Multi-channel image data
Multi-channel image data#
Beyond two dimensional images which can be expressed as 2-D matrix, also higher dimensional, multi-channel images are quite common.
from skimage.io import imread, imshow image = imread('../../data/hela-cells.tif') imshow(image)
/Users/haase/opt/anaconda3/envs/bio_39/lib/python3.9/site-packages/skimage/io/_plugins/matplotlib_plugin.py:150: UserWarning: Low image data range; displaying image with stretched contrast. lo, hi, cmap = _get_display_range(image) Clipping input data to the valid range for imshow with RGB data ([0..1] for floats or [0..255] for integers).
<matplotlib.image.AxesImage at 0x173bfd400>
This visualization is not perfect as discussed here. We need to normalize the image first. Normalization in this context means distributing all pixel intensities between 0 and 1. We can do this by dividing the image by its maximum intensity.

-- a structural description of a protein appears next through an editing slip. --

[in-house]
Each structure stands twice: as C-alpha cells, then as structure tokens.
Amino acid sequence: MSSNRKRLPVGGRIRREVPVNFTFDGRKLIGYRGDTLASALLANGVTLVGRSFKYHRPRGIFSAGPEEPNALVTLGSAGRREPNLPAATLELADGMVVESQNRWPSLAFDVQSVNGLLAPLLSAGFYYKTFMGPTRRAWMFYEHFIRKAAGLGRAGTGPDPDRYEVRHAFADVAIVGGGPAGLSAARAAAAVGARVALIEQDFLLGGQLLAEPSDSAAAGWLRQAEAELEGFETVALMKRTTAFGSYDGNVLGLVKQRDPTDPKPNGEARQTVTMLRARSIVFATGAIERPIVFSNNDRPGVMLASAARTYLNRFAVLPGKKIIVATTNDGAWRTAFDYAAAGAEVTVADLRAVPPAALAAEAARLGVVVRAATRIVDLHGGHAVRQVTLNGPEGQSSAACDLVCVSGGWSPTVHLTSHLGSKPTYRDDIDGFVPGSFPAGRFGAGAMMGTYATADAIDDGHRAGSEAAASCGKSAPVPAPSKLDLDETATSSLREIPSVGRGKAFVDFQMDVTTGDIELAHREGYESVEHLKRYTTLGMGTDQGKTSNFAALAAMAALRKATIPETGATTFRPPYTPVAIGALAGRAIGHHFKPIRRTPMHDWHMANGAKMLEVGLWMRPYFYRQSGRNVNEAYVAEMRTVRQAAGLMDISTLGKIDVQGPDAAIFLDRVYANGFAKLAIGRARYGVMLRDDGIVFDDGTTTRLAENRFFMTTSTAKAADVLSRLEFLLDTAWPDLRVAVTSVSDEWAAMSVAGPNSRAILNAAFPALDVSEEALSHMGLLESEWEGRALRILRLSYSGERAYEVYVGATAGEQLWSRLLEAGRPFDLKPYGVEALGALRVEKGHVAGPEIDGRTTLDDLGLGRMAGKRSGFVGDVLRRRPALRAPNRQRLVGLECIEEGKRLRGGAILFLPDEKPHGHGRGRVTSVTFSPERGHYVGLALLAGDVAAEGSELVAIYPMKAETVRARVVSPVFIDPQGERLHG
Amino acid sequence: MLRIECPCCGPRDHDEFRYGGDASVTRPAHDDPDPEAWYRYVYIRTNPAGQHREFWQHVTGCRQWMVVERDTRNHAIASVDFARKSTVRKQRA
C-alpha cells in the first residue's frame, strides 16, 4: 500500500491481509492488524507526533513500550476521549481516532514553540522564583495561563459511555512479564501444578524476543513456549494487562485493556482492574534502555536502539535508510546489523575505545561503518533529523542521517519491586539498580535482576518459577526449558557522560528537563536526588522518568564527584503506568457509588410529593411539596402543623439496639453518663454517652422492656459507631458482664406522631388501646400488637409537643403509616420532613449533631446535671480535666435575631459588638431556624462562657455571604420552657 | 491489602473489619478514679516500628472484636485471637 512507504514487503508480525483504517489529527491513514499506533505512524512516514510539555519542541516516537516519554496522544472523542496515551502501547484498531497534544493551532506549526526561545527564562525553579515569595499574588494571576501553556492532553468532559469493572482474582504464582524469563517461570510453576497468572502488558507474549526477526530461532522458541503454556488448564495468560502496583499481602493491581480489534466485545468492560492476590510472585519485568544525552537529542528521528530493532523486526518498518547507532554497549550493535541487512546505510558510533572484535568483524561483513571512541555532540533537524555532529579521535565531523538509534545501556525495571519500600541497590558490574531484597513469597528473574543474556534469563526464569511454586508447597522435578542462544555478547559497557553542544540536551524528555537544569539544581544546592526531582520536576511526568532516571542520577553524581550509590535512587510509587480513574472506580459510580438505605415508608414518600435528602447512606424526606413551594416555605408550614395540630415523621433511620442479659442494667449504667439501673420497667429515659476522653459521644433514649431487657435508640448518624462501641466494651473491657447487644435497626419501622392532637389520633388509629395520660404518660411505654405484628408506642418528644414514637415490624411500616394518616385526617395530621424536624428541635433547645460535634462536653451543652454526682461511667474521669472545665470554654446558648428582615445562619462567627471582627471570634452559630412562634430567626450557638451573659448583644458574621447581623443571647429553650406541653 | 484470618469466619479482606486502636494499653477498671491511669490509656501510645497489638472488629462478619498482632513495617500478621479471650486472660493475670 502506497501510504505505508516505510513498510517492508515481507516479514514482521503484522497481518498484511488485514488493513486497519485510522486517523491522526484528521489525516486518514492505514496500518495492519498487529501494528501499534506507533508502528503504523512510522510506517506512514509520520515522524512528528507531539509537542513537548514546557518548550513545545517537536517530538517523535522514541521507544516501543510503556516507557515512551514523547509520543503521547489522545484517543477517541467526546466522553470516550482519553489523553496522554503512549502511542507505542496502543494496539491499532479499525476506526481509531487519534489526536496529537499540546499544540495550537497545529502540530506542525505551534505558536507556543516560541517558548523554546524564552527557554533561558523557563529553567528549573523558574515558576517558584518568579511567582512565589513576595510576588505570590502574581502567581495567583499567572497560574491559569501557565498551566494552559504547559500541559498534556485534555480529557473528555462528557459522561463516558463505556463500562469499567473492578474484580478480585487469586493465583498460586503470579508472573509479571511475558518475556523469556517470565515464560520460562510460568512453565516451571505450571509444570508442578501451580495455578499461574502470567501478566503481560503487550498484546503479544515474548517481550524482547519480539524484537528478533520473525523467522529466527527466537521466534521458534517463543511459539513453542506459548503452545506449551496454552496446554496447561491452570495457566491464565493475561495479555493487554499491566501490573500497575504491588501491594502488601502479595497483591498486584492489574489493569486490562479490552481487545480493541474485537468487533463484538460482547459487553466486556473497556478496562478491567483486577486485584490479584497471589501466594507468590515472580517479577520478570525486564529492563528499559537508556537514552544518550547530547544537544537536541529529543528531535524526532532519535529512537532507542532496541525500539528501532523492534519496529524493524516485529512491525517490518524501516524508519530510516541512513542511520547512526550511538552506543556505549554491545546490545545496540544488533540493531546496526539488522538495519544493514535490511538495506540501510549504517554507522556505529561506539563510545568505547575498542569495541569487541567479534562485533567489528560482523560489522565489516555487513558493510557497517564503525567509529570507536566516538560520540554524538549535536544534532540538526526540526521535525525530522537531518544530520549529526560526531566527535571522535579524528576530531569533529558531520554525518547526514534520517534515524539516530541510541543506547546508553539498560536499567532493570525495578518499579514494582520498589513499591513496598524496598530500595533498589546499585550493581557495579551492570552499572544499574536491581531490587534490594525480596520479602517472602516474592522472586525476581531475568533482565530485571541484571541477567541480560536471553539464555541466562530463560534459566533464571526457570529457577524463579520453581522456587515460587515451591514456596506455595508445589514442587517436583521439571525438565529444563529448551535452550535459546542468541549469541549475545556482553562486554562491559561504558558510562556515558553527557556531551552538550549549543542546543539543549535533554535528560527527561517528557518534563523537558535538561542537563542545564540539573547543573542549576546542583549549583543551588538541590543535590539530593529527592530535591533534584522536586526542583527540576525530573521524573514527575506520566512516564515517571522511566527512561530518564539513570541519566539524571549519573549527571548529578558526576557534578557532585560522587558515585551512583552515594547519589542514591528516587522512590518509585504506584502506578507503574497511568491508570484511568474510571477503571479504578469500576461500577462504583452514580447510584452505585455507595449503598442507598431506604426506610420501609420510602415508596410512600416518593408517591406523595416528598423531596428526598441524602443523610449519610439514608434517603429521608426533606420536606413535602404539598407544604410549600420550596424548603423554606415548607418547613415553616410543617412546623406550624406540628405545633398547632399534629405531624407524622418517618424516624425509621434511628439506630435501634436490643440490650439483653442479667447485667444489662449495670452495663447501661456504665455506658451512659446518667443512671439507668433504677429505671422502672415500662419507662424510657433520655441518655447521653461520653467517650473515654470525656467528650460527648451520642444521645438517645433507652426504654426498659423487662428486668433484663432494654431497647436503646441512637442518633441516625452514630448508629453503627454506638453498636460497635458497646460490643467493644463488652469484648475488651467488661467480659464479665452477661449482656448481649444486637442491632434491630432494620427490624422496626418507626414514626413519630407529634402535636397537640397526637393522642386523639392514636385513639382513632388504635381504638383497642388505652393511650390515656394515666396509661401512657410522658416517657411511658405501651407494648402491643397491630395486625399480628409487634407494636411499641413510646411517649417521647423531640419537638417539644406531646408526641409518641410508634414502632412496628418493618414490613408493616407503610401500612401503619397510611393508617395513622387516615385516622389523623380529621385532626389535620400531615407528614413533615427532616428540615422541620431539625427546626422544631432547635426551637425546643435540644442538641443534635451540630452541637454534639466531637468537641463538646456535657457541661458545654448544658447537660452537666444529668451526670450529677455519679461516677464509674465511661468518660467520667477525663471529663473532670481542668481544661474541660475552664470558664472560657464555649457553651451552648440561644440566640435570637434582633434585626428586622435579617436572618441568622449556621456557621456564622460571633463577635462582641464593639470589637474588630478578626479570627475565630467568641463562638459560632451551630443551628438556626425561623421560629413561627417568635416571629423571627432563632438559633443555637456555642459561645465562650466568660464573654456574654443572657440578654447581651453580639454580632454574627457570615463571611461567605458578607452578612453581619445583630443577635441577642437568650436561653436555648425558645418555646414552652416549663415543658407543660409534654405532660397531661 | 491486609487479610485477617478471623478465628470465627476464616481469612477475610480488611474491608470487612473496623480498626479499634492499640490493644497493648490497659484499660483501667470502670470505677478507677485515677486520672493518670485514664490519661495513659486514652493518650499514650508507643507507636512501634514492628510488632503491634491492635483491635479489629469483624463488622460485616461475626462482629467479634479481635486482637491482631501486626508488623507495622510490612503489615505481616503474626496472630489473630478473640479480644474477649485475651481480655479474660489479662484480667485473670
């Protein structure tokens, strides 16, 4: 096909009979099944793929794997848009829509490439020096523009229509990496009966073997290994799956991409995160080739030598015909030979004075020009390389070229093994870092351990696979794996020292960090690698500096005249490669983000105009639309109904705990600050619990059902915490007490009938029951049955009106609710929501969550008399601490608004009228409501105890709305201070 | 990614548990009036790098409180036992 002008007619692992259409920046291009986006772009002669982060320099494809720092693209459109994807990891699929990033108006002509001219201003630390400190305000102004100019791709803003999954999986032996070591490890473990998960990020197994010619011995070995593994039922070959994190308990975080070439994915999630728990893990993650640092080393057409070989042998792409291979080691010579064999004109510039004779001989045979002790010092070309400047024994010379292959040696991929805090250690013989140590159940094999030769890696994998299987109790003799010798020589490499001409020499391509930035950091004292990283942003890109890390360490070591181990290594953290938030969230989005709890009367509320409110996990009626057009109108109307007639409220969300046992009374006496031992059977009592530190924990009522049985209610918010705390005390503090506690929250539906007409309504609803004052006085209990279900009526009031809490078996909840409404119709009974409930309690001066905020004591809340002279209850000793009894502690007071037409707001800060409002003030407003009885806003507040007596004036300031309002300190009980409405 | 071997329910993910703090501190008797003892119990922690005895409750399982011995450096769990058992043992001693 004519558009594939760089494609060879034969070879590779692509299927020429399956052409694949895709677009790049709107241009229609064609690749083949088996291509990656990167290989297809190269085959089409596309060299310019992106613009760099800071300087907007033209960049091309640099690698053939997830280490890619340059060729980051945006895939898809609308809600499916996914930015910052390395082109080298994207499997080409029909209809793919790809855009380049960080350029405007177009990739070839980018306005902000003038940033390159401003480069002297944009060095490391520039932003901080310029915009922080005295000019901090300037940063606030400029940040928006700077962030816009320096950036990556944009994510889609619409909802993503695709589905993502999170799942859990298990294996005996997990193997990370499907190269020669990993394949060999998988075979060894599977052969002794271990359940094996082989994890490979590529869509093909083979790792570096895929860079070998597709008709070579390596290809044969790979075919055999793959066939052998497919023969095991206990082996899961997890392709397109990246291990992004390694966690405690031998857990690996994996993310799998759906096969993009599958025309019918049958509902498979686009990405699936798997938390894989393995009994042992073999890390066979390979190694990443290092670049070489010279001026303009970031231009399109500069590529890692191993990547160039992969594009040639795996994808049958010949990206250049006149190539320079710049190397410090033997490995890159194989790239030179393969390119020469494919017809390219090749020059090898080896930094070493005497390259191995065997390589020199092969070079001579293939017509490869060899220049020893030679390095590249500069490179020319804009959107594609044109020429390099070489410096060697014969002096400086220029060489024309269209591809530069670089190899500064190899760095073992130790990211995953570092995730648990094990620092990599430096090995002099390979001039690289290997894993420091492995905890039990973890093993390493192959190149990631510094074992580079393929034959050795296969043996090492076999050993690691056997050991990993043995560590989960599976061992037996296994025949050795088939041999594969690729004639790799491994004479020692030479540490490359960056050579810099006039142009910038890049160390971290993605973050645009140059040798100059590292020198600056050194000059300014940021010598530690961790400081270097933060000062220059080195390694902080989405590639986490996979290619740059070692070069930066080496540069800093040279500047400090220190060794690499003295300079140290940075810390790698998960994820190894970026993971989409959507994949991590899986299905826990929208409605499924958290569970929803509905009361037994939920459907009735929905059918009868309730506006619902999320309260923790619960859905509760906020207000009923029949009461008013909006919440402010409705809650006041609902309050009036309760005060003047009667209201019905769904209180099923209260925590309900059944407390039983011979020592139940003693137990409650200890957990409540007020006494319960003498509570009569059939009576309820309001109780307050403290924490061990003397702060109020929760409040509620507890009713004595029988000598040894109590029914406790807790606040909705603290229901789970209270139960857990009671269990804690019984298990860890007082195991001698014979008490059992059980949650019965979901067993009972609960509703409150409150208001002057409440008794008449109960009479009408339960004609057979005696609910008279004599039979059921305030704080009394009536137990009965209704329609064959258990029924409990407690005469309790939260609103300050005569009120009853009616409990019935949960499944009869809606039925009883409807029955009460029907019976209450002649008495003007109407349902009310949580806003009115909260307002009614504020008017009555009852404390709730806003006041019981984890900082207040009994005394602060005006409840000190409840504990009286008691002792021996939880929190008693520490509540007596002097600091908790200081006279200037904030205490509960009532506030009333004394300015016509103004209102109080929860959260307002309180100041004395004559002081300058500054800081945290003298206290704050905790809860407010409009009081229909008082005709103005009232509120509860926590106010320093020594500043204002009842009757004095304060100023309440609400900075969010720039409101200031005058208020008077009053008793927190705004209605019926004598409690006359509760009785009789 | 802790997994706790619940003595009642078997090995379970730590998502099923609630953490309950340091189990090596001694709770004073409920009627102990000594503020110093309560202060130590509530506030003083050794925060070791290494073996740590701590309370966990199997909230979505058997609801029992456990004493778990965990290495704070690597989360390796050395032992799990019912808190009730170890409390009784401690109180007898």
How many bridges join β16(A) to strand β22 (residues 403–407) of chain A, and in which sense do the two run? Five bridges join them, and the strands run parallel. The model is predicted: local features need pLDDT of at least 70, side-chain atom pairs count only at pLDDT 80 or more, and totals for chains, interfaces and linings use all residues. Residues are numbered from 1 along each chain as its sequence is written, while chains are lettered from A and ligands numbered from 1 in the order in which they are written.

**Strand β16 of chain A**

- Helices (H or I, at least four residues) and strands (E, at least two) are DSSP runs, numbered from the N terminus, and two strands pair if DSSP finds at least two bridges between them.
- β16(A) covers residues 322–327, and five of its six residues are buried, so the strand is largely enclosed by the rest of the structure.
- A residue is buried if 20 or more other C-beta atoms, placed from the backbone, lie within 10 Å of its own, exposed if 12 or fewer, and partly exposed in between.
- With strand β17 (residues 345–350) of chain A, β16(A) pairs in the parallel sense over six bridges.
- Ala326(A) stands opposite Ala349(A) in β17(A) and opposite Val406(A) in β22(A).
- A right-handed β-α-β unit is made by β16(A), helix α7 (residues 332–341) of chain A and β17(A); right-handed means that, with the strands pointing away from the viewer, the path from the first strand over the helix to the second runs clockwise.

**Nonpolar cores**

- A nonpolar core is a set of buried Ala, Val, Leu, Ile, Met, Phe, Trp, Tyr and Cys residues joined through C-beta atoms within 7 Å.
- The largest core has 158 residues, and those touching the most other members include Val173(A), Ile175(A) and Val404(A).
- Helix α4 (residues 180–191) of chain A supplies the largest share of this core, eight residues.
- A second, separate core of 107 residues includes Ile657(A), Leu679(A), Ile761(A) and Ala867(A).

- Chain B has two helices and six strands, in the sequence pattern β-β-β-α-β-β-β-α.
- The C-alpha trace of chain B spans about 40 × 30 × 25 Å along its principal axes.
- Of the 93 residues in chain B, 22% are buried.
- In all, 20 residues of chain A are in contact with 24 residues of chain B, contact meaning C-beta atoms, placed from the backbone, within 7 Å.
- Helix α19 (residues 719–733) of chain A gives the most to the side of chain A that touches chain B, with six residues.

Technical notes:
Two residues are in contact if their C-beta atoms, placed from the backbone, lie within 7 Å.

imshow(image / image.max())
<matplotlib.image.AxesImage at 0x173d7ffa0>
To understand what we see, we should take a look at the image’s shape. The image is abviously 672 pixels wide, 512 pixels high and has 3 channels:
(512, 672, 3)
We can visualize these three channels independently by cropping them out. Furthermore, we can arrange multiple images side-by-side using matplotlib subplots:
channel1 = image[:,:,0] channel2 = image[:,:,1] channel3 = image[:,:,2] import matplotlib.pyplot as plt fig, axs = plt.subplots(1, 3, figsize=(15,15)) axs.imshow(channel1) axs.imshow(channel2) axs.imshow(channel3)
<matplotlib.image.AxesImage at 0x173e65ca0>
fig, axs = plt.subplots(1, 3, figsize=(15,15)) axs.imshow(channel1, cmap='plasma') axs.imshow(channel2, cmap='hsv') axs.imshow(channel3, cmap='cool')
<matplotlib.image.AxesImage at 0x173f8a040>
Explore look-up tables, a.k.a. colormaps in matplotlib and visualize the three channels above as similar as possible to how the image is visualized in ImageJ.